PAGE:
Why Is America’s Navy Shrinking at a Time When It is Needed Most?


David Axe

Security, Americas

Reuters

There’s trouble afoot.

Key point: The U.S. is retiring planes faster than it can build new ones.

The U.S. Air Force is considering retiring older warplanes in order to save money for new technologies. The idea is that the flying branch eventually would buy new planes including the tech, ultimately restoring the near-term cuts.

But there’s a flaw in that plan, the Air Force Association’s Mitchell Institute warned in a December 2019 study entitled “Moving Toward the Air Force We Need? Assessing Air Force Budget Trends.”

Cutting force structure in the hope of funding research-and-development and eventually buying back the force structure “has not worked out” in the past, Mark Gunzinger, an analyst with the Virginia-based institute, explained at an event marking his study’s release.

Air Force Magazine, another wing of the AFA, summarized Gunzinger’s comments. “Each attempt [to save money by cutting forces] has left the Air Force with less hardware and people than needed to do the job,” editor John Tirpak wrote.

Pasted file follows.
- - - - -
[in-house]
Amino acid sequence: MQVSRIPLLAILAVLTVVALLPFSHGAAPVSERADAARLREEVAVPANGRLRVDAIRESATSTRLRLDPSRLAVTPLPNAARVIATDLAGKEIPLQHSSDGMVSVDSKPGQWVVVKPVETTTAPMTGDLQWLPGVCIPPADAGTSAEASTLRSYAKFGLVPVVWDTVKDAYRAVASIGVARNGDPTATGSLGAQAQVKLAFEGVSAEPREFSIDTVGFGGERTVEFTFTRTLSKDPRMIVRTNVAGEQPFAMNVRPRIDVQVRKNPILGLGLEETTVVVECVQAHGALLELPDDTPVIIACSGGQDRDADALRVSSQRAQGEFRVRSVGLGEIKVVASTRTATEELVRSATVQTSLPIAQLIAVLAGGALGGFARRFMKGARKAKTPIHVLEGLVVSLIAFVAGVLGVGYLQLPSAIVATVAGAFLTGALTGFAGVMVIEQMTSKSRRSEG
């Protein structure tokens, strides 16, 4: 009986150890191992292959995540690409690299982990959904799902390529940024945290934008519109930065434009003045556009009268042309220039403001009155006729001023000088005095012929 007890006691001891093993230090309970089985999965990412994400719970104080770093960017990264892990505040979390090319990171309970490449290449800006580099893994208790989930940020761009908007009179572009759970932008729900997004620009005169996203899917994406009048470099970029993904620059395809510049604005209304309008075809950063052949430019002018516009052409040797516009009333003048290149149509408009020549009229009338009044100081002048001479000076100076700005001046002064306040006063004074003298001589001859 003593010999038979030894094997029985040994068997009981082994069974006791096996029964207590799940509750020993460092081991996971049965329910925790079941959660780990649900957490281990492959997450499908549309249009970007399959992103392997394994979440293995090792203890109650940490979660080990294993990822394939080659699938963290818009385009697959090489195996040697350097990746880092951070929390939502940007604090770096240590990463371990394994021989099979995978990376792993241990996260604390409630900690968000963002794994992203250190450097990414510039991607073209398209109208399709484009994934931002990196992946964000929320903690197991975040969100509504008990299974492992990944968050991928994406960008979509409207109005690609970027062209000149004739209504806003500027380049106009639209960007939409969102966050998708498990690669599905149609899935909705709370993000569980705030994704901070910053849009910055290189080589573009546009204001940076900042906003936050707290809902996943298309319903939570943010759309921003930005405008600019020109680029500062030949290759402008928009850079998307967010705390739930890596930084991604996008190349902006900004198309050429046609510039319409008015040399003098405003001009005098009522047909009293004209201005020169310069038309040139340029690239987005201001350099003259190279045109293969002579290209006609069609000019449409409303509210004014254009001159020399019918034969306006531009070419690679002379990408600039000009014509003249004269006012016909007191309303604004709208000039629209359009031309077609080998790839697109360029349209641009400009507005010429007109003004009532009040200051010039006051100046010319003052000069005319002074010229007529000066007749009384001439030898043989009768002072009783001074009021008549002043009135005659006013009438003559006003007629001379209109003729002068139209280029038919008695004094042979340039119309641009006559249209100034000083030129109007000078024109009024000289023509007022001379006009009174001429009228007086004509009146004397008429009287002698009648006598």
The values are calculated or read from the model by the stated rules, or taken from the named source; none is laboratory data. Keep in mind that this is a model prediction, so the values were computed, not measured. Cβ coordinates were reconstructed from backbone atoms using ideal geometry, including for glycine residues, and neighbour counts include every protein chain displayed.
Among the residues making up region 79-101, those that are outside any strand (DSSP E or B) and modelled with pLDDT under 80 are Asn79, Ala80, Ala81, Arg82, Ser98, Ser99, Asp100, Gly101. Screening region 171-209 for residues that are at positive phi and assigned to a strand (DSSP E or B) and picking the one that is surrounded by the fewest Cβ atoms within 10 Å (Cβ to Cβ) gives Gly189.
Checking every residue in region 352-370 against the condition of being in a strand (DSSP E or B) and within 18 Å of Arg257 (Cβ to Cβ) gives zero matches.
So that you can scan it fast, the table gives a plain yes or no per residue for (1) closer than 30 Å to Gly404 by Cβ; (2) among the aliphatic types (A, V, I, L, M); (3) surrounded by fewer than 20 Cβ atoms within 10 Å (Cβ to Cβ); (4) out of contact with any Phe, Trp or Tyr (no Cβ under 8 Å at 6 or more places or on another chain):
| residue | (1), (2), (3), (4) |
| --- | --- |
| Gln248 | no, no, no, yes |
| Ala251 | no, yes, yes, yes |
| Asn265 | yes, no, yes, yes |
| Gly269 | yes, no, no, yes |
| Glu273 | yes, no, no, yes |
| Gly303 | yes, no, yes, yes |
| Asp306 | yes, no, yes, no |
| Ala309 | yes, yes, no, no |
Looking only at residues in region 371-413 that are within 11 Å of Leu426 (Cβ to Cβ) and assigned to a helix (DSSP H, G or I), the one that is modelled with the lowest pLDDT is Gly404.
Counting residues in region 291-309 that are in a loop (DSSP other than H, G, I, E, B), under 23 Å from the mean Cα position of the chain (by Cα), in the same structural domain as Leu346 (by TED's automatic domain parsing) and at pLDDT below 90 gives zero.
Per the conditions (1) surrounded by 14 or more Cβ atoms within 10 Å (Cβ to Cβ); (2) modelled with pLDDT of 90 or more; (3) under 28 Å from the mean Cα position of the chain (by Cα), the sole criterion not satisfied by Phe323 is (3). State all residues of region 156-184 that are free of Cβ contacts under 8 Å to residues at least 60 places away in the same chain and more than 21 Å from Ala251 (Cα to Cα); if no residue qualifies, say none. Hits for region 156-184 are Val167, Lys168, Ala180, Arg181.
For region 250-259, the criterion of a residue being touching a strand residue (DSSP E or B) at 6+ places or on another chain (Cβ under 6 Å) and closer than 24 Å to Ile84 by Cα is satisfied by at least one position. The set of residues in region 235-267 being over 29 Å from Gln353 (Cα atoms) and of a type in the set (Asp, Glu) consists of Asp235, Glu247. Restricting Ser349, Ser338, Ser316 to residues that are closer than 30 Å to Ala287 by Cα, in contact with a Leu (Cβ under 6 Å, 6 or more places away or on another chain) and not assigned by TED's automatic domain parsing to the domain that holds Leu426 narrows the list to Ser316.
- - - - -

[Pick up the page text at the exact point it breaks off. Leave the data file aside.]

Taking that same approach in 2019 would “repeat the pattern we’ve seen for the last 25 years,” Gunzinger said. “Retirements of current USAF force structure are not going to yield the kind of savings … needed to build the future force.”

The Air Force wants to find $30 billion in its five-year budget to help develop and buy new planes and technology including stealth bombers and fighters, new command-and-control software and new drones.

To figure out what it can cut, Air Force chief of staff Gen. David Goldfein said the flying branch “took a look at every legacy program we have and asked the question: does this contribute significantly to the 2030-to-2038 timeframe?”

“If the answer to that was no, we looked at can we accelerate its retirement in order to free the money up to buy the digital architecture,” Goldfein added.

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